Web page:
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This Florist Bandit Is The Hero We Need Right Now

Vogue logo Vogue 4/20/2017 Christina Pérez

If you live in New York City—or lurk on social media even a little bit—chances are you’ve come across the following strange and wondrous sight: A huge, colorful arrangement of fresh flowers placed at a seemingly random location. Perhaps a larger-than-life bouquet of forsythia and sunflowers bursting from an empty city trash can. Or a mammoth garland of roses draped around a statue in Central Park.

© Photo: Courtesy of Lewis Miller

These installations are so striking, they’ve likely caused you to stop in your tracks. They’ve also likely caused you to ponder the identity of the genius bandit behind these glorious acts.

The genius bandit, it turns out, is Lewis Miller, a florist known for his fantastical wedding and party arrangements. Over the last few months, he and his merry band of beautifiers have been stealthily creating what they call Flower Flashes. Their goal? Only to bring joy to their fellow citizens’ daily commutes. “Gifting flowers to New Yorkers is a simple idea that I have been thinking about for years,” Lewis says. “I am in the business of fantasy and flowers, and it’s my job to transform key moments in my clients’ lives into joyful, everlasting memories. I wanted to recreate a similar feeling for the everyday city-dwellers and tourists of New York City.”

© Photo: Courtesy of Lewis Miller

Below, Lewis gives Vogue a closer look at his Flower Flashes, and shares what else we can expect from his burgeoning side project.

© Photo: Courtesy of Lewis Miller

“My team and I work really fast and very early in the a.m. Our call time for these flashes is 5:45 a.m., and we try to finish them before sunrise. We always recycle flowers from events when possible.”

© Photo: Courtesy of Lewis Miller

“With our first one, the Imagine Mosaic in Central Park, we were surprised at how quickly a crowd had formed. And in this age of social media, we saw the fruits of our labor and were instantly rewarded via Instagram! We got to see how our idea translated in real time with hundreds of selflies and photographs documenting the flowers throughout the course of the day. It was really cool to see how people changed and altered the installation, sometimes by rearranging the flowers, other times by simply taking them!”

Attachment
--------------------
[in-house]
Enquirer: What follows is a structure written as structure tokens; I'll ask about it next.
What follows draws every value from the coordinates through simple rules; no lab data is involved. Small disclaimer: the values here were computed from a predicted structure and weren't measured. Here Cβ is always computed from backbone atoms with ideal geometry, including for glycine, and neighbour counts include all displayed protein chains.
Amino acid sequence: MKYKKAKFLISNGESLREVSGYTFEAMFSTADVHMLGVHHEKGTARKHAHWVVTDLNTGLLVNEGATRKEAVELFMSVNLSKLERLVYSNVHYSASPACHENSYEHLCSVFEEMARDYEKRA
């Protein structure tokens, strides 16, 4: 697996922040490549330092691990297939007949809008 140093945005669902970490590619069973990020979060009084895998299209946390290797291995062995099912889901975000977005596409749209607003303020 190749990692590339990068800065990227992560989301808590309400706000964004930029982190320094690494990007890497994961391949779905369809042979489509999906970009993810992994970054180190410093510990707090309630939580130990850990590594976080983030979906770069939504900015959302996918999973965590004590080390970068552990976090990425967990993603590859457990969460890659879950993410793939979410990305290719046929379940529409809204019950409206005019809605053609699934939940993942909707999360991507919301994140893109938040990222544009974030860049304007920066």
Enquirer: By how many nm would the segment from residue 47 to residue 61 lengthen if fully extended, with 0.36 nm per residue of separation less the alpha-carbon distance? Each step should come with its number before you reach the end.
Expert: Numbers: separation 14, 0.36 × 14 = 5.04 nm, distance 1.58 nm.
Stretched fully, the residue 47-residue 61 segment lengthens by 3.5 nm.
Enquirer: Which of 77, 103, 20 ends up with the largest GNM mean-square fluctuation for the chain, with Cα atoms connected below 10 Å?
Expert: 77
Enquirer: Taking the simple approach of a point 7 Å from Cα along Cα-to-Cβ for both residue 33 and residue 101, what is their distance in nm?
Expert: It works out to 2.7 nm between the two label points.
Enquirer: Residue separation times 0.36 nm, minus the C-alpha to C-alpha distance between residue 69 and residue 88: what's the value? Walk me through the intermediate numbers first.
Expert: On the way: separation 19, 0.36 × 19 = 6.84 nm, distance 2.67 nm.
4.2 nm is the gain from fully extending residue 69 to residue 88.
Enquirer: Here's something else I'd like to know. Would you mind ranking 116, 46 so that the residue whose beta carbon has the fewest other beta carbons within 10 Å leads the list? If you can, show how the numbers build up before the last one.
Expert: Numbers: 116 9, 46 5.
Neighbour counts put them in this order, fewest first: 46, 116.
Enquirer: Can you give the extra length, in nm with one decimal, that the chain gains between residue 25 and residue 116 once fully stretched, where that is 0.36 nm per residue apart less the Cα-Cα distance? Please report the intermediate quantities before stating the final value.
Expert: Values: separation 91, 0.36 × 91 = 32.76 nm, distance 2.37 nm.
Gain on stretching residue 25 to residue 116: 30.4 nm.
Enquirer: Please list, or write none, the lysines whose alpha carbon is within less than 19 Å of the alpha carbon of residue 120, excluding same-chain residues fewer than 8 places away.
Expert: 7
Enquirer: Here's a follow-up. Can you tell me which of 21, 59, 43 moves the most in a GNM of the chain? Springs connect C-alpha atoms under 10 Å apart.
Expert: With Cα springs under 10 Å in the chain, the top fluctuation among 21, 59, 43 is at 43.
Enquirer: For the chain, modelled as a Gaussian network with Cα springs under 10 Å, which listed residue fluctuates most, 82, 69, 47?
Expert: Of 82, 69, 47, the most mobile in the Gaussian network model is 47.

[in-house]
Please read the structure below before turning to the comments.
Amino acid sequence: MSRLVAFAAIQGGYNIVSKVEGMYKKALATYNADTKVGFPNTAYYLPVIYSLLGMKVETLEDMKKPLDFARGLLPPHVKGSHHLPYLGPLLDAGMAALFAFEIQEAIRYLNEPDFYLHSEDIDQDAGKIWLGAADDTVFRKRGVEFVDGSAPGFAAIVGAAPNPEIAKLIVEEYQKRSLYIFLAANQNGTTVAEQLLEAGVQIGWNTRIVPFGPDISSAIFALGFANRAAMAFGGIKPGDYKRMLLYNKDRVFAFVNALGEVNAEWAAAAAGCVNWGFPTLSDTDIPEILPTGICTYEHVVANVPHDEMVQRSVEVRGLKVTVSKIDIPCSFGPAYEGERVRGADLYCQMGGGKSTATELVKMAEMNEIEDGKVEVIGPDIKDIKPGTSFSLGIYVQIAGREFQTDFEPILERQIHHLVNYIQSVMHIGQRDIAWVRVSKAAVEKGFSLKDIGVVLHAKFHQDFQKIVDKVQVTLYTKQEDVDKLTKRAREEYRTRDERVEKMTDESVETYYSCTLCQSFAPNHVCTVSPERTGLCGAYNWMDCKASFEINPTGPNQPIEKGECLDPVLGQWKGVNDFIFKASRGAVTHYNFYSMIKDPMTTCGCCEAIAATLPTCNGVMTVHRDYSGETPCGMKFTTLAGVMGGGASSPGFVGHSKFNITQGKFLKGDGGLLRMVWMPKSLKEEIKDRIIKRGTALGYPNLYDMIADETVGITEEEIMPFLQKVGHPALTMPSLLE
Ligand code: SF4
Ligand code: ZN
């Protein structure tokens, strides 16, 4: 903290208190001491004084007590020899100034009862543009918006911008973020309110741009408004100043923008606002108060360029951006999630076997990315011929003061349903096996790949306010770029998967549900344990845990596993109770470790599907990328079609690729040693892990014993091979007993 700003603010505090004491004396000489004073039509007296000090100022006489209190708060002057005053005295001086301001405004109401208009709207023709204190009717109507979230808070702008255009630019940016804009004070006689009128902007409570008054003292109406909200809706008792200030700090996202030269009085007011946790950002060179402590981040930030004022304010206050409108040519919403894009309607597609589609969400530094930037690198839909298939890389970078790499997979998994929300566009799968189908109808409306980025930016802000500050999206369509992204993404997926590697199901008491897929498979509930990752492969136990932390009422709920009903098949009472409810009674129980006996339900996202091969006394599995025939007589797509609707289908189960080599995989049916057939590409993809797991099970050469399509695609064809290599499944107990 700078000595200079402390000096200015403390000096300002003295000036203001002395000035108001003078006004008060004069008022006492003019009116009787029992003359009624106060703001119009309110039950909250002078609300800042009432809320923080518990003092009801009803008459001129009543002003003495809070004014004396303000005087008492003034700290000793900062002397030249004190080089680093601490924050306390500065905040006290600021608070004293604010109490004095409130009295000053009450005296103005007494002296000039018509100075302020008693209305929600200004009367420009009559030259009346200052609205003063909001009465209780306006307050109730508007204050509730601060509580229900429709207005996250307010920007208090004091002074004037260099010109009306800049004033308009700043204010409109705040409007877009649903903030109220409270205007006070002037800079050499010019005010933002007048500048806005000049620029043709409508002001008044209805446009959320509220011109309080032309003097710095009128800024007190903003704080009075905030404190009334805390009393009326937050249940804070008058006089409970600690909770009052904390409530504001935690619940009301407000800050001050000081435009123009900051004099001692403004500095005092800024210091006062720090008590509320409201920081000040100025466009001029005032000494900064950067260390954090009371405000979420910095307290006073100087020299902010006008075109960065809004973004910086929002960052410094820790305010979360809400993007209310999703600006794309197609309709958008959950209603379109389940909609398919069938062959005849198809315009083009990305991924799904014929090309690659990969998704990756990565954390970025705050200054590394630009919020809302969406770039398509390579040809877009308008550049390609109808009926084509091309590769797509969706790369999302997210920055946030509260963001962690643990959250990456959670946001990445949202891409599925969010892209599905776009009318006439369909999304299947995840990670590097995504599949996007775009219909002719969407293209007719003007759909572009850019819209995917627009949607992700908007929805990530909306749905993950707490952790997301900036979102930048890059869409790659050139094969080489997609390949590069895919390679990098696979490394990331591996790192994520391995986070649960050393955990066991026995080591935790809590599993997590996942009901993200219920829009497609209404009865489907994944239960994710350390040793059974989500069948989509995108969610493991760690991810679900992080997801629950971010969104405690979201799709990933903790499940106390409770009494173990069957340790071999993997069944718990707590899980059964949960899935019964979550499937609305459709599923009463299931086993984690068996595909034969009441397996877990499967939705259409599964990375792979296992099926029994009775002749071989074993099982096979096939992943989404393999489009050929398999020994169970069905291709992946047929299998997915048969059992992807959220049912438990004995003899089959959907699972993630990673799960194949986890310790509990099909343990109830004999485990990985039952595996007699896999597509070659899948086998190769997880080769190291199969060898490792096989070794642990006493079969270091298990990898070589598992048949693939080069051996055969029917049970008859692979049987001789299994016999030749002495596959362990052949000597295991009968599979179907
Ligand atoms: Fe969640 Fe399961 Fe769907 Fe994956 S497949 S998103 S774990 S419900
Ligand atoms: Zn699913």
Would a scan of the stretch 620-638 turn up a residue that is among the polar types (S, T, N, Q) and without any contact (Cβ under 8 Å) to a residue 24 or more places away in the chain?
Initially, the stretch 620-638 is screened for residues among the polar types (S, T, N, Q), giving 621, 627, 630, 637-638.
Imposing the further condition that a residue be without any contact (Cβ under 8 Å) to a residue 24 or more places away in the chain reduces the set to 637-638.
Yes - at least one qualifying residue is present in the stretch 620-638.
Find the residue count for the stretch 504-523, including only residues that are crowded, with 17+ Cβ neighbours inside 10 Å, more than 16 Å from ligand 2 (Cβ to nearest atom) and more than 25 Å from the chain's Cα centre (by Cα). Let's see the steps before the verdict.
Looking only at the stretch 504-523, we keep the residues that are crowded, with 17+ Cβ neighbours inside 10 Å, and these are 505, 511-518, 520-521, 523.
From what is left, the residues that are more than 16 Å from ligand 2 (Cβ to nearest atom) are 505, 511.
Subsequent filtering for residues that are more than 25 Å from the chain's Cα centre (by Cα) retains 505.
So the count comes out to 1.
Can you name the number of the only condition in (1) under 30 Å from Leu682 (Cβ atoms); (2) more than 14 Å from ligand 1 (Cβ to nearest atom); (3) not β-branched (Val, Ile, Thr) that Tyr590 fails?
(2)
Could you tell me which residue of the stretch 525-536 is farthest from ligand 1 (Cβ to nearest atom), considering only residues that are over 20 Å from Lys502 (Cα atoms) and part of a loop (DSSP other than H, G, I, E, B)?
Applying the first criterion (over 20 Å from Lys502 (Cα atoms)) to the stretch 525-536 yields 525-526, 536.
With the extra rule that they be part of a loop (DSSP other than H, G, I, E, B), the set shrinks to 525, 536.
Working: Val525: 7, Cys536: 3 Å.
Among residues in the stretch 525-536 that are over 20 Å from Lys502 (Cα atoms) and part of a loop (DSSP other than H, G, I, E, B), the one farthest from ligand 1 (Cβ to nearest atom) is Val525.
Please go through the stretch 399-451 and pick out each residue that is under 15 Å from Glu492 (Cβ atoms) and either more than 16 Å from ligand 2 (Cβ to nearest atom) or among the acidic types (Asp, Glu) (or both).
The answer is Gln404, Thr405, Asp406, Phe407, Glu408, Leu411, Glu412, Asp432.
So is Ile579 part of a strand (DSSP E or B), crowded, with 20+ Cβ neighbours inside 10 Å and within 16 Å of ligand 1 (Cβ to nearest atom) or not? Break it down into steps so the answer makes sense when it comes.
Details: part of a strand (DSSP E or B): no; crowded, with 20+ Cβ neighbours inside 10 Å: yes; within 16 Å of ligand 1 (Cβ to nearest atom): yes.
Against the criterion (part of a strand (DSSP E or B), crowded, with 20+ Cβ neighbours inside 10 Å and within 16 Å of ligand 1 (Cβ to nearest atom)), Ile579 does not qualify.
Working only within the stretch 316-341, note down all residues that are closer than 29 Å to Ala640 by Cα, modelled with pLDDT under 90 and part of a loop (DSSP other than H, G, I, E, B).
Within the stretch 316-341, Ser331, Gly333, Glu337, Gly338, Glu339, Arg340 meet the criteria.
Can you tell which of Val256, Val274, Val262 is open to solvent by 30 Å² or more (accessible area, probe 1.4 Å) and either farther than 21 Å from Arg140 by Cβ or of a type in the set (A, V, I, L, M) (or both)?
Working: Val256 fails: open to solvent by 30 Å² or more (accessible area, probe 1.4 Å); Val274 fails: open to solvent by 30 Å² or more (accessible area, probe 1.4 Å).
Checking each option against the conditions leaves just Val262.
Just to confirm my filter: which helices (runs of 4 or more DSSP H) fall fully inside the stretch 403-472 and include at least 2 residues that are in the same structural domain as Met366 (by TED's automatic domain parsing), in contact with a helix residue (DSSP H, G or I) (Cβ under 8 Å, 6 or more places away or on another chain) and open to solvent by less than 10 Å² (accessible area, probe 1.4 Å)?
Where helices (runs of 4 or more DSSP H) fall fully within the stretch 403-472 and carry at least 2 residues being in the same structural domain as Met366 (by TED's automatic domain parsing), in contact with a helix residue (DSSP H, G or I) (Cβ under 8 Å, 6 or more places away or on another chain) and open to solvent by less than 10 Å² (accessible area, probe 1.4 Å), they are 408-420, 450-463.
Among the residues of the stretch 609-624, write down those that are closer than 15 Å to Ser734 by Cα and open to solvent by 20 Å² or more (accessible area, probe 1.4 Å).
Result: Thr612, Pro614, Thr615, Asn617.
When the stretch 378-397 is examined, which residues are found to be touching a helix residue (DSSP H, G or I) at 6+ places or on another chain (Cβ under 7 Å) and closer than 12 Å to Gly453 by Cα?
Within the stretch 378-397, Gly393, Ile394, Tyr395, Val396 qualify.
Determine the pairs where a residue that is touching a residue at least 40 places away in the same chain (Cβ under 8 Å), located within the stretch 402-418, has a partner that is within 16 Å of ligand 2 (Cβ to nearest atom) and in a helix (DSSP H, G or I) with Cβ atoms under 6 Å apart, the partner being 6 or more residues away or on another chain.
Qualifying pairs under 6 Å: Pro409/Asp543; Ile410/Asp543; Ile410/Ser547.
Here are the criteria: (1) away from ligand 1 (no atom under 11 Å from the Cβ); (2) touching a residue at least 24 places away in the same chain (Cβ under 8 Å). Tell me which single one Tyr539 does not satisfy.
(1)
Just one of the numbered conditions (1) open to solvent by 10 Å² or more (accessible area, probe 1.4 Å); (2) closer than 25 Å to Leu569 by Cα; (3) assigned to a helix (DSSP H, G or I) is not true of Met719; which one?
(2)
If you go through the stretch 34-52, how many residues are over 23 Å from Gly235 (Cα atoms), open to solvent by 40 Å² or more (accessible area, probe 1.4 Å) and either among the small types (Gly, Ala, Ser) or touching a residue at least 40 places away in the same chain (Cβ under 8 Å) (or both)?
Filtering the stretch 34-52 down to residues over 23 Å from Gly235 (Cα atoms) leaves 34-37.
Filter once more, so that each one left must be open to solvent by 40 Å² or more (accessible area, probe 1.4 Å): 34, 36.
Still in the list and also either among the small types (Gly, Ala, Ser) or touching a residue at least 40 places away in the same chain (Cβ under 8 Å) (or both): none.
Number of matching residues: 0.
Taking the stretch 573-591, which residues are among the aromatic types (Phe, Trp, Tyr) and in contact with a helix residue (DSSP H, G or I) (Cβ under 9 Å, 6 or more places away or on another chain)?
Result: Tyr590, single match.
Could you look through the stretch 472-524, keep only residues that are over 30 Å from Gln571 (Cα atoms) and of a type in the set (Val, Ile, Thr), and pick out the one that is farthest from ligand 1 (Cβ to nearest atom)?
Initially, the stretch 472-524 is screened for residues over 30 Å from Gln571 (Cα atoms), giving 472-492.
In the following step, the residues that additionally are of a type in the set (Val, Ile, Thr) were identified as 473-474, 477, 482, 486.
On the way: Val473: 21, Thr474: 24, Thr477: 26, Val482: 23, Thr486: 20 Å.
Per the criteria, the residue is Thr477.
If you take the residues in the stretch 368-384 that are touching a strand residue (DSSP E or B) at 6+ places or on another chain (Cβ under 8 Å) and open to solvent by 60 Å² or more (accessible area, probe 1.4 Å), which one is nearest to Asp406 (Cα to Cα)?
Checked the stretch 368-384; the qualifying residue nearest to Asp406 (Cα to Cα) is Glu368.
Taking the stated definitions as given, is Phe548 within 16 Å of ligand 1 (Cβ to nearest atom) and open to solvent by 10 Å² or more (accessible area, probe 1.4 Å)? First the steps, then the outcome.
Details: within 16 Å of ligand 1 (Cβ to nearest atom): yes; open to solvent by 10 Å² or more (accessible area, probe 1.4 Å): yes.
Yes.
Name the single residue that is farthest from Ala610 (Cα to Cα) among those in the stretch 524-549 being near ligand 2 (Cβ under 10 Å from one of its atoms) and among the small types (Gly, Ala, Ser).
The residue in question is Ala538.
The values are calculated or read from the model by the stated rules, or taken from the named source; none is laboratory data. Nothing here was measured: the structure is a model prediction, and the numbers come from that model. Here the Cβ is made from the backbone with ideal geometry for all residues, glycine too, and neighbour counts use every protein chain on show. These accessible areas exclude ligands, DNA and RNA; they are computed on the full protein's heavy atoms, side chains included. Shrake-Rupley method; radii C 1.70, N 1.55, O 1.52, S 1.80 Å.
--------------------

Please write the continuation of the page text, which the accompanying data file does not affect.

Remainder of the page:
© Photo: Courtesy of Lewis Miller © Photo: Courtesy of Lewis Miller

“I don’t see us stopping anytime soon. These flashes are so gratifying and rewarding on many levels. There is something sort of ‘Banksy-esque’ about what we do, which is fun and exciting!”

© Photo: Courtesy of Lewis Miller © Photo: Courtesy of Lewis Miller

“We never broadcast where our next flash will be. They just pop up randomly. We do have a hashtag that we spray by each installation: LMD x NYC. It is chalk spray paint, so it washes away in the rain. It’s our way of saying #LMDWasHere.”

“I can’t tell you what’s next, but I can reveal that we are thinking bigger and planning for that! I would love to get some funding to do these flashes on a much larger scale and reach a lot more New Yorkers. I’d also like to Flower Flash other cities. Chicago, Mexico City, Miami, Los Angeles . . . they are all on my list."

Related: These 5 Grocery Store Flowers Will Last You the Longest (Provided by PureWow)

Alstroemeria: Two Weeks: <p>You’ve probably seen these guys for years...and now you know their name. The speckled, trumpet-shaped blooms will last up to 14 days when given fresh water daily (they’re big drinkers, so don’t skimp). A word to the wise: The green leaves on alstroemeria stems will turn yellow and wilt well before the flowers themselves finish blooming. So simply pluck off the browning leaves as they appear, and continue to enjoy your colorful florals for days, even weeks, afterward.</p> These 5 Grocery Store Flowers Will Last You the Longest

“Who doesn’t love to get flowers? They are such a luxury, and New York City is a very gritty, fast-paced town. If we can bring nature—something wild and sumptuous—to New Yorkers and make them smile, the way people smile when they witness a random act of kindness, then that is a great thing. That is my goal. It’s a really simple vision but powerful, I think, to try to create an emotional response through flowers.”

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